|March 16, 2023||View Online|
Transaction mixing service ChipMixer is put in the ground after processing hundreds of millions in illegal transactions, ETH unstaking is coming soon, and crypto may need saving from the banks.
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ChipMixer Launders Over $700M in Illegal Transactions
Mixers like Tornado Cash and ChipMixer have been all the fuss lately, with governments coming down and coming down HARD on the service providers.
What's a mixer?
You can think of it as a tool for adding anonymity to your crypto transactions.
Although it may sound sketchy, there are some reasonable circumstances where someone may want to use a mixer, for example:
That list went sour fast.
As it appears, the centralized mixing operation ChipMixer was mixing all sorts of transactions for their customers, regardless of the law. Europol and other police agencies announced on Wednesday that ChipMixer had been shut down after laundering over $700M in illegal funds.
According to the Department of Justice, ChipMixer's customer list was quite prolific, including North Korean hackers and Russian spies.
Go big or go home, I guess?
The mixing business model is quite simple, users pay for anonymity, and the mixer takes a percentage of the transaction as a fee. Since ChipMixer has processed over $3B in transactions, the AaaS (Anonymity as a Service) model seems good.
Until it doesn't.
Minh Quốc Nguyễn, 49, of Hanoi, Vietnam, has been operating the mixing service since 2017 and is currently being charged while his domains have been taken down and over $50M of ChipMixers funds seized.
Some people in the industry are happy about the takedown, given that ChipMixer was used by the Lazarus Group, North Korea's most successful hacking collective, who may have been responsible for the $540M Axie Infinity hack.
However, the $700M in illegal funds will not be reclaimed.
ETH Unstaking is Coming
Since the launch of the beacon chain on December 1st, 2020 - Ethereum users have been staking their ETH in the network, helping secure the blockchain.
How generous of them!
While a few may be staking out of the goodness of their hearts, many do it for another reason - to earn a yield on their staked ETH.
Thanks to the Ethereum devs building the Shanghai update, which is expected to take place around March 28th, 2023, these stakers will finally have the option to unstake from the network!
Freedom at last.
Well, freedom in waves. Many Ethereum stakers don't stake themselves directly but instead stake with a 3rd party like Coinbase or Lido given a 32ETH capital requirement to get started.
So people with 32ETH can withdraw after Shanghai; what about everyone else?
Coinbase has committed to processing ETH unstaking requests within 24 hours after the upgrade. At the end of the day, "the Ethereum protocol controls the unstaking process, and we're simply the conduit," mentioned Coinbase on Twitter.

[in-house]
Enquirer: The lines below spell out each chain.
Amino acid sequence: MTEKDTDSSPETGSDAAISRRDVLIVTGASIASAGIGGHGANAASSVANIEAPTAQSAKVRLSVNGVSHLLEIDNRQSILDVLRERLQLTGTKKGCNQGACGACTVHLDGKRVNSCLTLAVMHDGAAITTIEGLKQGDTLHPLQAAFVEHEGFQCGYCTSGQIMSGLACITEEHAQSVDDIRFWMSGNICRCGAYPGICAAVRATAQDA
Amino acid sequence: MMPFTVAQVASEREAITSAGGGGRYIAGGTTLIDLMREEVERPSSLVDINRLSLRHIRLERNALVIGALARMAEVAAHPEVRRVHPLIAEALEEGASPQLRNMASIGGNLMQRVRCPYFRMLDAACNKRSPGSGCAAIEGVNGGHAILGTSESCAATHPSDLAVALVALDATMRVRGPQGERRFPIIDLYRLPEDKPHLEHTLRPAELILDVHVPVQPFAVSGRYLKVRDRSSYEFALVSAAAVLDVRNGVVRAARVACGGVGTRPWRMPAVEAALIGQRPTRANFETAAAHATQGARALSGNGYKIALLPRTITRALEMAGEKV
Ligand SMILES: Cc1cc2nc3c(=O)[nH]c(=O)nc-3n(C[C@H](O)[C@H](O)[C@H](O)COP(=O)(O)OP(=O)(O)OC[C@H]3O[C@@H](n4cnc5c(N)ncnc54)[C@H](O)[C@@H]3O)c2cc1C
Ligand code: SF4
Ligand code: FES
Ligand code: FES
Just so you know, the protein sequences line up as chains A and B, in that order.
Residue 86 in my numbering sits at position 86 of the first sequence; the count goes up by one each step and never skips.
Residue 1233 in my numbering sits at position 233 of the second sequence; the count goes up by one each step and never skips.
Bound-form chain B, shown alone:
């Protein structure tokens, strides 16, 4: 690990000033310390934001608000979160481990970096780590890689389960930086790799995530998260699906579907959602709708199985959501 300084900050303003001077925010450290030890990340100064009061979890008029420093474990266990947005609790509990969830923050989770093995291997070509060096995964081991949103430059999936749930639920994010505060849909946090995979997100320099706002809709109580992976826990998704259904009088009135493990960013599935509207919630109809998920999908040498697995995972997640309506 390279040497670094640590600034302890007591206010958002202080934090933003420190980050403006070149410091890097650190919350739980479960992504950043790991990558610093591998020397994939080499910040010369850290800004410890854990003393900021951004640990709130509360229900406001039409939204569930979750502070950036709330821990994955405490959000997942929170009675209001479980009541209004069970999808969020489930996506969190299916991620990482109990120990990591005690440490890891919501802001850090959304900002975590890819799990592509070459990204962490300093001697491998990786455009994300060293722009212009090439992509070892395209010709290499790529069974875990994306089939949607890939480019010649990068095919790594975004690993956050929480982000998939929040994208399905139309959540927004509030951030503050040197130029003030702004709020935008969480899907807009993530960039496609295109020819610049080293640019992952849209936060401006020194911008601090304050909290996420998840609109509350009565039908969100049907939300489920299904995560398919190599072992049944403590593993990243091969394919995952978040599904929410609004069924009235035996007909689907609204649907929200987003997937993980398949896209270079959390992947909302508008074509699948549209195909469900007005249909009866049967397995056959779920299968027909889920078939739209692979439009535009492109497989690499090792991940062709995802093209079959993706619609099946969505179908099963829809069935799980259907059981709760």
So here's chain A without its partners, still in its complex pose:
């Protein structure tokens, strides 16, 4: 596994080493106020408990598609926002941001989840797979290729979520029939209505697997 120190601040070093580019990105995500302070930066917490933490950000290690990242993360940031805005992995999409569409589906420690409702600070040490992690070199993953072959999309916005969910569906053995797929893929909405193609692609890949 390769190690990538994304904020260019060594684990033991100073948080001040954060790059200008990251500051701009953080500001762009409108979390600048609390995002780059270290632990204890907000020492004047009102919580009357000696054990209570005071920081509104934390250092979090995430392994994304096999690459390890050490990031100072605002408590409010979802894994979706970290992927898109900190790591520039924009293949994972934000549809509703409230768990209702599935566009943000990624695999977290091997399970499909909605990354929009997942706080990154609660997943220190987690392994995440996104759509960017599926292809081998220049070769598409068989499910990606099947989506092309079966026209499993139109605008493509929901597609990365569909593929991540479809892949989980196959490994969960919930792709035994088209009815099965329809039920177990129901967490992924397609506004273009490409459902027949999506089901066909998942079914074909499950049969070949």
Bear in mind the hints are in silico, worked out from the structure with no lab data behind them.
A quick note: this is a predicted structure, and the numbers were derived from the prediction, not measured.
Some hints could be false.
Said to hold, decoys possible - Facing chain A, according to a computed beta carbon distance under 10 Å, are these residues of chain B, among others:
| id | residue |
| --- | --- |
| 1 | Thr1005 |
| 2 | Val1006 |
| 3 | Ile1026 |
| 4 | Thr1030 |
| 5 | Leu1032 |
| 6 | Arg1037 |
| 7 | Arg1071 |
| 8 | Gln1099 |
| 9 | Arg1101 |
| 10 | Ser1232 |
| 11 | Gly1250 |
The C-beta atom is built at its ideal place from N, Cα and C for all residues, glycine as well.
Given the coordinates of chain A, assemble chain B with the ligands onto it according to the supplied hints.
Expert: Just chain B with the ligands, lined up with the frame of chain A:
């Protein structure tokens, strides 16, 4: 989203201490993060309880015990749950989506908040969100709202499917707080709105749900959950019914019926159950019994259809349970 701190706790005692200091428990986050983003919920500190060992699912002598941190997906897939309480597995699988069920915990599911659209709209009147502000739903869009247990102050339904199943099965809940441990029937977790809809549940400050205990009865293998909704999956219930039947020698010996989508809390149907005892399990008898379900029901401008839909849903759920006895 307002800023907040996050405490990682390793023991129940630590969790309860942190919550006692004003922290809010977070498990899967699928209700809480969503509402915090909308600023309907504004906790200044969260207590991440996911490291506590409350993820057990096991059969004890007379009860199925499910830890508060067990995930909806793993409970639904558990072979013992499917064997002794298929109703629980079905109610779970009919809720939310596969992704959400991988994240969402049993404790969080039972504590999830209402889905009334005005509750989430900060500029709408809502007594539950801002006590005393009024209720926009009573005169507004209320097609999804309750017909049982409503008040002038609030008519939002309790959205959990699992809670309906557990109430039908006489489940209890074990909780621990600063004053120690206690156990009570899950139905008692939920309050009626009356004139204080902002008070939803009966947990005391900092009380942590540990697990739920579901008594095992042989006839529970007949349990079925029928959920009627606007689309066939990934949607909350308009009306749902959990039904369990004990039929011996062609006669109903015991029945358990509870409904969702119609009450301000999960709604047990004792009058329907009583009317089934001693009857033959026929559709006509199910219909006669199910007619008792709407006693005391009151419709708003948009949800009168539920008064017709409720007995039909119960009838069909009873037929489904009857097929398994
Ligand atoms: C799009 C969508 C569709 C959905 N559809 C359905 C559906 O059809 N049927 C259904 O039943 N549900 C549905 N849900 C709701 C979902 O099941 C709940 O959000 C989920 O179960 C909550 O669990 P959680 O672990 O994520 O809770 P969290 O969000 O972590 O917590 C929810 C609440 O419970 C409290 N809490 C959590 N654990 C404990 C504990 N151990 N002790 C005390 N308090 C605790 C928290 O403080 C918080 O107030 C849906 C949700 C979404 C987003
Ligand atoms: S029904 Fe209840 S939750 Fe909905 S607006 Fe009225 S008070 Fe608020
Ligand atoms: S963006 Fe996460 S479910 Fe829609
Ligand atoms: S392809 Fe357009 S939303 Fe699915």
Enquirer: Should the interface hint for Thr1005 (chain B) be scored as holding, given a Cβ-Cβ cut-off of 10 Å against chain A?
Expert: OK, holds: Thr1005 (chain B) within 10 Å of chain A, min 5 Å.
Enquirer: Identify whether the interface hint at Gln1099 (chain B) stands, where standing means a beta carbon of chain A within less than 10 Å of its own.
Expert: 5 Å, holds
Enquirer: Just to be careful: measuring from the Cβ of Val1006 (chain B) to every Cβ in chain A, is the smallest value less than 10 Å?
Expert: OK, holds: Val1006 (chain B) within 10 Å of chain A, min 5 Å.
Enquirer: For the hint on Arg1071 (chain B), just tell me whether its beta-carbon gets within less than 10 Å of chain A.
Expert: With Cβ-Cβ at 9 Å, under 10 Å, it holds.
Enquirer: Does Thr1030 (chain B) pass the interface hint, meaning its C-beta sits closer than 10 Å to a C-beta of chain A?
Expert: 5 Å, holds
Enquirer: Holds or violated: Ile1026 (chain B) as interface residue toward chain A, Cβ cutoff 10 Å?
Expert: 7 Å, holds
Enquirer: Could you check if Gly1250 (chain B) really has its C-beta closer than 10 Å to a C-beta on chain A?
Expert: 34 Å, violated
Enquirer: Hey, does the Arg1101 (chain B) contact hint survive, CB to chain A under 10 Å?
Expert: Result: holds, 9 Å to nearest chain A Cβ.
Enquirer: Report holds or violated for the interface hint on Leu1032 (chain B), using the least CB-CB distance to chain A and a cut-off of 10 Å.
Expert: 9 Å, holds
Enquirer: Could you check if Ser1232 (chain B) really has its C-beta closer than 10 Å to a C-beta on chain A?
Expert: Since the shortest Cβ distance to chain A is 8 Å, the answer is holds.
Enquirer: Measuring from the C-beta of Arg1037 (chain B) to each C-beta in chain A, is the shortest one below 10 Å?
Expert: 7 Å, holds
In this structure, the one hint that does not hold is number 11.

Lido, who controls up to 75% of the liquid staking market, has had difficulty guaranteeing such prompt withdrawals. Tuesday, they took to Twitter explaining that a 4-week testnet run will need to happen first, and then with a 2-week buffer, they expect to be ready for mid-May.
Although this may seem like a massive delay, we should give some slack to the Lido team, as running operations on a decentralized system can be a much more scrutinous task.
Although the withdrawal time seems extremely important, there is no reason to believe Ethereum stakers will rush to remove their ETH from the network.
And from a price perspective, we're hoping they don't.
Circle CEO Speaks Out Against the Banks
After this weekend's USDC depegging and bank drama, Circle CEO Jeremy Allaire has spoken out on the issue with a bold stance!
"Everybody's talking about how we need to save the banks from crypto and right now we're trying to save crypto from the banks," said Allaire during an interview with the hosts of the Bankless podcast.
This sentence will be played on repeat as crypto users fall asleep to the wonderful tune of the statement.
We're not the problem.
He goes on to discuss how banks will need to be much more conscious of how they manage the deposits of crypto companies. As we know, crypto can be volatile, with swings in any direction and changing liquidity.
The banks serve the customer rather than the other way around.
He is moving the $3.3B Circle previously held at SVB to BNY Mellon, hoping that along with the rest of the $40B in Circle deposits, the funds are stored and invested responsibly.
Wishing for the traditional system to take crypto seriously is on every year's bingo card. We hope Allaire can act as one of many messengers for the industry going forward.
As always, Coinsprout wishes you pegged stables and liquid banking for the rest of your days.
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